CONTENTS: Dedication. Preface, Kathleen P. King. PART I: CLASSROOM ROBOTICS BASICS. What is Student Robotics? Mark Gura. Student Robotics: A Model for 21st Century Learning, Mark Gura. PART II: CASE STORIES. Not Your Average "Soccer Mom." Carol Franken. Changing the Inner City, One Robot at a Time, Evan Weinberg. PB&J, Robotics, and Programming, Agata Dean. Teaching, Coaching, and Parenting RoboCup Jr., Laura Allen. From LOGO to LEGO Robotics? A Journey, Phil Firsenbaum. The Morris High School Robotics Team: An Interview: Winners at a High-Intensity Sport for the Mind, Mark Gura. Power of Robotics in the Lives and Learning of Alternative High School Students, Albert Robinson, Kathleen P. King, and Ryan Thompson. Bringing Robotics to Life: Students Experience Life Sciences with Real World Medical Applications, Joselyn J. Todd and Eric Himburg. PART III: PERSPECTIVES ON ROBOTICS AND LEARNING. Robotics-Prime Opportunities for Careers and Student Learning, Kathleen P. King. Learning and Literacy in Robots-Making Connection for the Classroom, Steven D'Agustino. Catching the Vision, Teachers as Learners: Robotics Professional Development, Steven D'Agustino and Kathleen P. King. PART IV: RESOURCES AND CONCLUSION. Student and Classroom Robotics Equipment: Robotics Kits, Components and Material, Mark Gura. Information Resources for Student and Classroom Robotics: Web Sites, Magazines and Resources, Mark Gura. Program and Curriculum Resources for Student and Classroom Robotics: Organizations, Software and Curriculum, Mark Gura. Conclusion and Beginnings, Kathleen P. King. About the Authors. Index.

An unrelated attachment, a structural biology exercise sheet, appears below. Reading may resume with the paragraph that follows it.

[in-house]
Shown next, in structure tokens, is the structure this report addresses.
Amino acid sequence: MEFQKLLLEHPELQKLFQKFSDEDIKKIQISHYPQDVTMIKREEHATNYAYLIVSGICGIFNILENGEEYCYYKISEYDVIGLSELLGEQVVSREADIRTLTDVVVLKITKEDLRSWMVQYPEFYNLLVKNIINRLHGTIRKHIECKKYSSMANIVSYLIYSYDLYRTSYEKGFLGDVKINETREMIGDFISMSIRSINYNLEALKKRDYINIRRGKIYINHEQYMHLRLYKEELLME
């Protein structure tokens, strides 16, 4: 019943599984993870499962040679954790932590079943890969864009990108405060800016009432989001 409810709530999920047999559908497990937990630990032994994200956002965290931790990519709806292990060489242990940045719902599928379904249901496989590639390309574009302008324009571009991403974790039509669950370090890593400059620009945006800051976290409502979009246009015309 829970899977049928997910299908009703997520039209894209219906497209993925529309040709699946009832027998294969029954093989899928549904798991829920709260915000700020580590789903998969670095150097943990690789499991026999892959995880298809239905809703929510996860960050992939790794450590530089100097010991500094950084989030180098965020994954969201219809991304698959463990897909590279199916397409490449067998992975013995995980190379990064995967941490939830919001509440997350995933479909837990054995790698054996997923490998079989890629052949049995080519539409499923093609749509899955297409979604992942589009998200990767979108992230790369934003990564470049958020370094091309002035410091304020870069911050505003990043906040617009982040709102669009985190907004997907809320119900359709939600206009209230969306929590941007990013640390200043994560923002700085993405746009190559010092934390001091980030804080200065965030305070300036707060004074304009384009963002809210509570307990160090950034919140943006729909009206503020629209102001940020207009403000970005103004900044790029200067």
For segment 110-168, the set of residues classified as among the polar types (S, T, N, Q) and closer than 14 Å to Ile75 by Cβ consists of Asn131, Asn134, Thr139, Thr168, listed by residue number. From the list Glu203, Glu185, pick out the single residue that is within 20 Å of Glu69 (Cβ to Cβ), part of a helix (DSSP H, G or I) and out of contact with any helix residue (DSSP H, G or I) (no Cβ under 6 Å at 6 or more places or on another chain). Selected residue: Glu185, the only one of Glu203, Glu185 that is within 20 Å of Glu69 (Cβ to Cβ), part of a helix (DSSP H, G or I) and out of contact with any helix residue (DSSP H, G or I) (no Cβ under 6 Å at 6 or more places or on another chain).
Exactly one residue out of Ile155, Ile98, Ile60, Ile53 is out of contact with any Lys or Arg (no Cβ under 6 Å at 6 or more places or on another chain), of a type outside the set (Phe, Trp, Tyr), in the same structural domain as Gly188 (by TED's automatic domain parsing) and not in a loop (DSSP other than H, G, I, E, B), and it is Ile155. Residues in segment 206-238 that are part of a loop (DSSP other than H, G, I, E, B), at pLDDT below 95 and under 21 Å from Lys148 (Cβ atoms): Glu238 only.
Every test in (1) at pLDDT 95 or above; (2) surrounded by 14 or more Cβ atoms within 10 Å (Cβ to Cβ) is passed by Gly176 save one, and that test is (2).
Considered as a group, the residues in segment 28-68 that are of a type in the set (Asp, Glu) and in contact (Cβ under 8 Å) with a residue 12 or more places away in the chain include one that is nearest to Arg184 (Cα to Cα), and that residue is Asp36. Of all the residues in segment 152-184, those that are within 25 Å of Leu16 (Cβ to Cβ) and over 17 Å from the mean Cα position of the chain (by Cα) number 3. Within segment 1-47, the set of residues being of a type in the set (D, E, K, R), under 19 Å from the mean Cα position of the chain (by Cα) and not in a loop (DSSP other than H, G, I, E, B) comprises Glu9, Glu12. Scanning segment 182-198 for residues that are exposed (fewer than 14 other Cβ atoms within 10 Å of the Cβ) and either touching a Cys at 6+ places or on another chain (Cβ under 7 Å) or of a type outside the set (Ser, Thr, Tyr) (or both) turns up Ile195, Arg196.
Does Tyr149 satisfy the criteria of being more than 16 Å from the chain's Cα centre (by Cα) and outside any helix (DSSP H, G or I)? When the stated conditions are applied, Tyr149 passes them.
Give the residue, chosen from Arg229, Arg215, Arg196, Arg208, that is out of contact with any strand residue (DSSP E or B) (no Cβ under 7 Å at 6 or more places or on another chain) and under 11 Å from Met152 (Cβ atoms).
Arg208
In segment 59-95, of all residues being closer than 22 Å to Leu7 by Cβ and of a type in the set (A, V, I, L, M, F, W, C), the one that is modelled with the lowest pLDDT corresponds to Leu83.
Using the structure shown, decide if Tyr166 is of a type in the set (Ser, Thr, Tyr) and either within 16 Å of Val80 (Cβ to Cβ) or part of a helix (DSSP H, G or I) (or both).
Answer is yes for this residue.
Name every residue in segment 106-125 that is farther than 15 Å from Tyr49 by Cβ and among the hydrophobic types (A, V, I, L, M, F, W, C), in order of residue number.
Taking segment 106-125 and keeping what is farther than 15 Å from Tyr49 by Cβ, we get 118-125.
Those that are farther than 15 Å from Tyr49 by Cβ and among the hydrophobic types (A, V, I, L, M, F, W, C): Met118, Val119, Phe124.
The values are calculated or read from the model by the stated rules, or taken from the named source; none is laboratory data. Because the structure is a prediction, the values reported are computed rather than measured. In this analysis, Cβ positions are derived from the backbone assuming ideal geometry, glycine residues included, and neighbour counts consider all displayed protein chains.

Tuesday, March 11, 2008

Robots to now perform surgery on youngsters!

From: Khaleez Times online

Robotics surgery for children discussed